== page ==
September 9, 2009
Forgetting God is a Great Sin
Really, wherever you look, God exists. Those who have realized God have told us what God likes. The essence of their teaching is, “Surrender to God, giving up all desires for sense-objects.” This teaching must be accepted as a scriptural authority; with their own personal experience, and having attained the state of liberation, they have shown the way to it. He is our real kith and kin who releases us from the bondage of birth and death. Those who belong to God are not afraid of this world. Do we not surrender ourselves to sensuous objects? Then why should we hesitate to surrender ourselves to God? One can perform all miracles but it is not easy to really surrender to God!
When one begins nama-smarana, one is harassed by thoughts of sensuous desires. That shows how one is completely filled, in and out, with all sorts of desires. One must, however, resolutely continue practising nama. Does not one get upset by bad thoughts while looking after the family life? Then why should we be afraid of such thoughts if they arise during spiritual pursuit?
Once he took to nama, Prahlad never looked back; he was saved by nama only; he could liberate himself due to his faith alone. We must therefore remain in unbroken remembrance of God and strengthen this faith. Never think of past sins. You may not undo the wrong of yesterday, but do not waste the present moment. Never get dispaired.
Every sadhana is best in its own way. Be faithful to your sadhana like a chaste lady to her husband. Remember firmly that of all disciplines and religions aim at belonging to God. We work hard till death to fulfil the needs of our prapancha; then why should we not make some efforts to belong to, unite with God? Really, there is no greater sin than forgetting God. Longing for God is divine consciousness, while longing for sense objects is body-consciousness; when the latter diminishes, the mind will become steady in nama. When you reach the stage, ‘You exist, I do not’, with the help of nama-smarana, you can consider that you really belong to God.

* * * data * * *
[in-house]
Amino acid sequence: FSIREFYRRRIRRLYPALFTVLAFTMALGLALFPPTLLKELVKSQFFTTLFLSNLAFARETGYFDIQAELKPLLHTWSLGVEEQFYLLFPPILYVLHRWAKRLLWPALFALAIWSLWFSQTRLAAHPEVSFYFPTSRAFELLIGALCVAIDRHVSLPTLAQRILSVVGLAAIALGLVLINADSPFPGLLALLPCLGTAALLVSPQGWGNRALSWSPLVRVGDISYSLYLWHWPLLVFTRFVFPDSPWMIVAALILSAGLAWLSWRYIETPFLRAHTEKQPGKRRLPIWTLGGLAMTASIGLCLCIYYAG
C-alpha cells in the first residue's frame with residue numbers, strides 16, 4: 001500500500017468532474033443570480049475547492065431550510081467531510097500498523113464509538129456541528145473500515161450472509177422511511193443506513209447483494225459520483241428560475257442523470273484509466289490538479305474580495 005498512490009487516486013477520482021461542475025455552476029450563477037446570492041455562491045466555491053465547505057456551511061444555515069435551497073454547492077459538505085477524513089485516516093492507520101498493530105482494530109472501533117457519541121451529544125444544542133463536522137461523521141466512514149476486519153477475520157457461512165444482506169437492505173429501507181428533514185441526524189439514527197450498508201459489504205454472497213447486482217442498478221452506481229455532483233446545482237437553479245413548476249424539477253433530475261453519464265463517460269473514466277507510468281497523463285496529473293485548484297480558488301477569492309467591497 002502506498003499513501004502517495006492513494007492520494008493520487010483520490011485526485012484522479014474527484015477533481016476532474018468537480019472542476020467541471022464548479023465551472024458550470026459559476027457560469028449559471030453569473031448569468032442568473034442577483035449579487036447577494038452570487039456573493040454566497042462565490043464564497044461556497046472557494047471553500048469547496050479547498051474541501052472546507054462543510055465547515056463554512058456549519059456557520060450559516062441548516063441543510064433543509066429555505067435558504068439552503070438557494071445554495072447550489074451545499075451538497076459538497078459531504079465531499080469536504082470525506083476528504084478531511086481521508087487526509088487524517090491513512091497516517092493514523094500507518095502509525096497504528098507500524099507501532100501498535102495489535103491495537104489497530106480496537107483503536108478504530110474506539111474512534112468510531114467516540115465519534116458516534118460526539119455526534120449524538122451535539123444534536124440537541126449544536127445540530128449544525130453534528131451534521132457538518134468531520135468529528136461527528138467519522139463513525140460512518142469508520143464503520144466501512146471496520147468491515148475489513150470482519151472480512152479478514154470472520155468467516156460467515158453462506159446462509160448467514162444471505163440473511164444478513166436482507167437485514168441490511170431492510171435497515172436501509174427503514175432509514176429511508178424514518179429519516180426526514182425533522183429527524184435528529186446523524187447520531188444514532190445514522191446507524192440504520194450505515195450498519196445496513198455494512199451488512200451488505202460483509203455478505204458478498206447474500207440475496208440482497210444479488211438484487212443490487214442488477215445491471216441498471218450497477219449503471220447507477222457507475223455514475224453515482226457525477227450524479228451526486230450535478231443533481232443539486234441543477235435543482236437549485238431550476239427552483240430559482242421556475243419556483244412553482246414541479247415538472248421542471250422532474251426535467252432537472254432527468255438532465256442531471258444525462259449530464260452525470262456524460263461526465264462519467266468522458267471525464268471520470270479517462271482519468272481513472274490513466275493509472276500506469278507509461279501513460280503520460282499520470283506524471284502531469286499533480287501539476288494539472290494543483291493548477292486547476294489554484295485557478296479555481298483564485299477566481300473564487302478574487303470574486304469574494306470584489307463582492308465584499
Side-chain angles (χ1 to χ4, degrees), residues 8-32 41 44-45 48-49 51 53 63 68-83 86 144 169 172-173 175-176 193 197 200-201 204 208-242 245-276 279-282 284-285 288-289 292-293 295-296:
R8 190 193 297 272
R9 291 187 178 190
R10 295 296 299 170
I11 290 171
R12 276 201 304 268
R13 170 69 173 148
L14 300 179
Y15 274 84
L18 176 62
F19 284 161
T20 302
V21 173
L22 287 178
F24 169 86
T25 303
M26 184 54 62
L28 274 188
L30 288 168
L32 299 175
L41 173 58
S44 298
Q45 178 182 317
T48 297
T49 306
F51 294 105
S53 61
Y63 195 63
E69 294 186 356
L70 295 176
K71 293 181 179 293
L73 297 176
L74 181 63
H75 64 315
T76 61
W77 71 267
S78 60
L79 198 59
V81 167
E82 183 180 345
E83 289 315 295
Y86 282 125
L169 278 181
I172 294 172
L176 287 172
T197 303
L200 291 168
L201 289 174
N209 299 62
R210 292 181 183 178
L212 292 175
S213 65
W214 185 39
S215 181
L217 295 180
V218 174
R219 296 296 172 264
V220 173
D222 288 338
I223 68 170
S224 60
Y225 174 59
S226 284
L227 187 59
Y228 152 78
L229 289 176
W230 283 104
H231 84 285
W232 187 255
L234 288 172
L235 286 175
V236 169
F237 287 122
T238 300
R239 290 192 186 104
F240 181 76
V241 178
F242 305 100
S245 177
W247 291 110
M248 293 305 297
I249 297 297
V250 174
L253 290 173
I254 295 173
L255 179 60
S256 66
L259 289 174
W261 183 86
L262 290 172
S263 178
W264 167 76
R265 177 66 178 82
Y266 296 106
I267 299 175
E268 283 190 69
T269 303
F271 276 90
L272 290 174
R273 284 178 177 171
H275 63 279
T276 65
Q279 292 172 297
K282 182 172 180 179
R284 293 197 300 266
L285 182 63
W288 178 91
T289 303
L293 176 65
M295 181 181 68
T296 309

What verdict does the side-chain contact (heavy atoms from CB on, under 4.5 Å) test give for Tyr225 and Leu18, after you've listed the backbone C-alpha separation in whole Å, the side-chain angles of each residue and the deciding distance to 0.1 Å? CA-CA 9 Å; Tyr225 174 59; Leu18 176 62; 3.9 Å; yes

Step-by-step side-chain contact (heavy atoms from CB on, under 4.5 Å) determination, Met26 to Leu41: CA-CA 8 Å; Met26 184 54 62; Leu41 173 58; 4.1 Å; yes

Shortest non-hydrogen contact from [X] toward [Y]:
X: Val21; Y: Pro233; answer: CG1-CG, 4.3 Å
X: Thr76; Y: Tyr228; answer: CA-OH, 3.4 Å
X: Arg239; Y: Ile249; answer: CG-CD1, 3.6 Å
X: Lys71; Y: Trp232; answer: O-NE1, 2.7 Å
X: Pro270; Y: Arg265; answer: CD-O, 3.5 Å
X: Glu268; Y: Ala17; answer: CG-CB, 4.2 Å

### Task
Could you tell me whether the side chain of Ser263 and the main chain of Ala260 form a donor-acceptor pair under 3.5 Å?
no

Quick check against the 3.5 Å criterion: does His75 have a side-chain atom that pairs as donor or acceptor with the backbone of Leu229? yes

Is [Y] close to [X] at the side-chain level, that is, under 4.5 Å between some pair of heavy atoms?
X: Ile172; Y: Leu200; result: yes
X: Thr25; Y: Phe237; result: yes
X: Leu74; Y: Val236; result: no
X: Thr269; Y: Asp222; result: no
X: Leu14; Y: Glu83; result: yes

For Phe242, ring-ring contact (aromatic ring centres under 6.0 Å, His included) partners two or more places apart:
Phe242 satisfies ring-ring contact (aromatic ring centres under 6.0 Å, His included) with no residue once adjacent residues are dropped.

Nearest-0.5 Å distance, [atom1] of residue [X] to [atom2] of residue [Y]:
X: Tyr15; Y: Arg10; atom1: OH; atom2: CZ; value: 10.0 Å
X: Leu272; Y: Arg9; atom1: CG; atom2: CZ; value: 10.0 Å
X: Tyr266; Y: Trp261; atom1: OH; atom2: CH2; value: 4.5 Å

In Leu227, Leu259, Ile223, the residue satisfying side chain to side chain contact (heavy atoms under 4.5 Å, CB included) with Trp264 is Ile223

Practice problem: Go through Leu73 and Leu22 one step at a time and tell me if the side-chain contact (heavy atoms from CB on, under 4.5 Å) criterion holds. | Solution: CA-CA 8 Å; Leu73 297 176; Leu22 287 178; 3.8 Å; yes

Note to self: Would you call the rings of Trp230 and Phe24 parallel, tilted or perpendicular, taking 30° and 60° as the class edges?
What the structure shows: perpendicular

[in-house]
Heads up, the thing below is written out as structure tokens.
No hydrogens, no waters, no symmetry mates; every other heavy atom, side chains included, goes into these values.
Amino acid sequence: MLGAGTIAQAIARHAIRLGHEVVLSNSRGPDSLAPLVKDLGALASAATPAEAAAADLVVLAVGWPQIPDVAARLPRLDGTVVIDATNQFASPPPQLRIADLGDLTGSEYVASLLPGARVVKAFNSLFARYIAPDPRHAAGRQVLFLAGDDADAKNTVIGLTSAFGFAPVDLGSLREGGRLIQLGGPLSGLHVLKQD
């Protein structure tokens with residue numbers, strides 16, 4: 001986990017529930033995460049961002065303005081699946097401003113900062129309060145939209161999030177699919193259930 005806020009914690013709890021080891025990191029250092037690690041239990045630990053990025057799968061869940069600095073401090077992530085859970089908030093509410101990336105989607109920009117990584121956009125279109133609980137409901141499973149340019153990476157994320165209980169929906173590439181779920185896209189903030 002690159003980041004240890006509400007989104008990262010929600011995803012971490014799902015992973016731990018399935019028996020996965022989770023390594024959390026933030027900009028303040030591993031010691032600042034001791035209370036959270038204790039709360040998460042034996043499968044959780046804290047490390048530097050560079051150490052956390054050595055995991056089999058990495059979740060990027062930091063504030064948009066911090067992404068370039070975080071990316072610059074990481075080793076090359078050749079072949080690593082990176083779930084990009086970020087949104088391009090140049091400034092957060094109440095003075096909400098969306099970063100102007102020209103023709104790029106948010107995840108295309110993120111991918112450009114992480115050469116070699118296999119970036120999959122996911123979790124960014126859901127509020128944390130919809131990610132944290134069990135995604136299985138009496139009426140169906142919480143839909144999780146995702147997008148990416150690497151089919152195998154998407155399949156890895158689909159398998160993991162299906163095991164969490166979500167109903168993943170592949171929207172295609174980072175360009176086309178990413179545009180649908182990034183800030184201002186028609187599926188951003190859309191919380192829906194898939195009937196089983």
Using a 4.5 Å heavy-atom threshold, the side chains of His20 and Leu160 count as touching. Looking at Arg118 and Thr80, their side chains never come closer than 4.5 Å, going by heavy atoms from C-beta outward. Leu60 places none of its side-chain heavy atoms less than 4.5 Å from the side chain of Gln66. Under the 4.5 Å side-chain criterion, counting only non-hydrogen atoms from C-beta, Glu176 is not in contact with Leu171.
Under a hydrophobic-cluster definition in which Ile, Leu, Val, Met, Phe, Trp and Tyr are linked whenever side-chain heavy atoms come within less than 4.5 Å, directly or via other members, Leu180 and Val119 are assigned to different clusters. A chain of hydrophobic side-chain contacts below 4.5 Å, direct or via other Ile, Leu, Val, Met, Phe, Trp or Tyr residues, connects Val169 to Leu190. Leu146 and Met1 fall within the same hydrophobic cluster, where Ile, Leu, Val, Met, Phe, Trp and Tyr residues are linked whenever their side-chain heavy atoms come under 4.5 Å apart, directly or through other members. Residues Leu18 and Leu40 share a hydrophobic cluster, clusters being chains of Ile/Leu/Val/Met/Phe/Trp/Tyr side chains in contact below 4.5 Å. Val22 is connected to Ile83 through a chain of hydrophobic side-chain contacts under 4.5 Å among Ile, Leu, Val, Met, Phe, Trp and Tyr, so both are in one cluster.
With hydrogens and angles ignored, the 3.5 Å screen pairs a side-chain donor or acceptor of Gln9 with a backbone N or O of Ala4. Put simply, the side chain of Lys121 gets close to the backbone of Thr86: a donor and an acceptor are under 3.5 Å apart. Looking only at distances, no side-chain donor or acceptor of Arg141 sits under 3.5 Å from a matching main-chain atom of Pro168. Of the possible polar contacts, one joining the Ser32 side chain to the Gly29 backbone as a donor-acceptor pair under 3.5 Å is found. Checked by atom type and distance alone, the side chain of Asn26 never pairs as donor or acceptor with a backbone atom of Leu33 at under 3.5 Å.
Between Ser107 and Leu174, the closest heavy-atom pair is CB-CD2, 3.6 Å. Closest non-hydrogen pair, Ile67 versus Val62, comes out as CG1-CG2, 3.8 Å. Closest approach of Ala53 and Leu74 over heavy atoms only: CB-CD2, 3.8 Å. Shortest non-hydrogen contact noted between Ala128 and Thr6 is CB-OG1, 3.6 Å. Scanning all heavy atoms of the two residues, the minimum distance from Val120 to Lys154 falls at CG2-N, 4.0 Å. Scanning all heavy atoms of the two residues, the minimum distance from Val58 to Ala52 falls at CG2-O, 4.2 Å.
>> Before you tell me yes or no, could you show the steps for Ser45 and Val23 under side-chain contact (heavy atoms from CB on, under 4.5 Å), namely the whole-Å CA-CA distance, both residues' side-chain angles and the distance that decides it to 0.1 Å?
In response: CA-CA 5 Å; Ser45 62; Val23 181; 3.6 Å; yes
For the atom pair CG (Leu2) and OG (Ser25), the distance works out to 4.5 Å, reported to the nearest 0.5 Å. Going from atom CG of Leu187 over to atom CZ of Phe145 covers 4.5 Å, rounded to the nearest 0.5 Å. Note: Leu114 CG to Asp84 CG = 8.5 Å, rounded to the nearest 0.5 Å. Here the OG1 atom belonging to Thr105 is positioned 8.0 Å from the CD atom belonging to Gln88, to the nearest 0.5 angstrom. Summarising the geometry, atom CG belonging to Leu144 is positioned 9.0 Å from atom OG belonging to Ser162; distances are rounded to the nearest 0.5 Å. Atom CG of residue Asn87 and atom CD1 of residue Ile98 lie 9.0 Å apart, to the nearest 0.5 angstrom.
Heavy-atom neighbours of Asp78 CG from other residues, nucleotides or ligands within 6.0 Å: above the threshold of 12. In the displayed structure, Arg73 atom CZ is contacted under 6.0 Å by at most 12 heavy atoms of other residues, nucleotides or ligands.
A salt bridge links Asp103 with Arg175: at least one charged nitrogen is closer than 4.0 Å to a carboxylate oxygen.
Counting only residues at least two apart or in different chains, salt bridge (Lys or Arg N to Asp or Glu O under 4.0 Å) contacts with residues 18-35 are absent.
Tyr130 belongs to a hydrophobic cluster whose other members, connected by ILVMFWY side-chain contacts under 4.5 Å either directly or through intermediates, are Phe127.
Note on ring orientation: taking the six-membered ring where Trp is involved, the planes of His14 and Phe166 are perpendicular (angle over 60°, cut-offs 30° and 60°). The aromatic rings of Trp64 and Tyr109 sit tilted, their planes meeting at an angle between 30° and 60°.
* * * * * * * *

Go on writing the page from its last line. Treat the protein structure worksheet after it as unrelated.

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August 20, 2009
A Slave to Sensual Pleasures
The body is the abode of all unhappiness, and a body in pain or illness is the climax of suffering. Body and pain are, indeed, inseparable, as are sugar and its whiteness. Even an able-bodied person cannot forget pain as a possibility. Just as the body has a shadow, equally unavoidable is the presence or possibility of illness. Even divine incarnations like Rama and Krishna had ultimately to discard the body. One cannot guarantee the well-being of one’s own body; and yet people lament over the death of a person. The threat of illness always makes one uneasy. The body has to bear pain itself; there is no proxy, nor can one take over another’s pain as proxy.
Whatever one has done so far has been in the interest of prapancha, that is, the body and matters related to it, or, in other words, sensual interests. Worldly authority of one kind or another, children, wealth, worldly action, popular acclaim – these are but different forms of sensual selfishness, and they invariably lead to sorrow. Every effort made so far has aimed at one earthly gain or another, imagining that it would bring one type of pleasure or another, but they are all illusory.
We should always remember that people are selfish by nature; not only they are basically not grateful for favours done, but quite likely to snarl if, on an occasion, we do not oblige them. Attachment to prapancha is no less perilous than clasping fire to the bosom. Naturally, therefore, all the trouble we have taken so far has failed to produce the happiness we strove for. However deep we probe into worldly activities, we shall never discover the pure, lasting happiness that we look for. Failure, sorrow, can be the only outcome.
Therefore we never come across nor hear of a person who has achieved lasting bliss through any worldly means. It is common experience that one has to adopt a servile attitude to one from whom we expect something; and one who becomes servile to sensual pleasures naturally loses true happiness. We get the fruit of the plant that we assiduously water and manure. Worldly life and sensuous pleasures are what we strive for; how can this yield contentment? A bitter fruit will not taste sweet however much you roll it in sugar; so, too, sensuous pleasures can never yield lasting happiness.
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August 15, 2009
A Contented Mind Signifies Divine Grace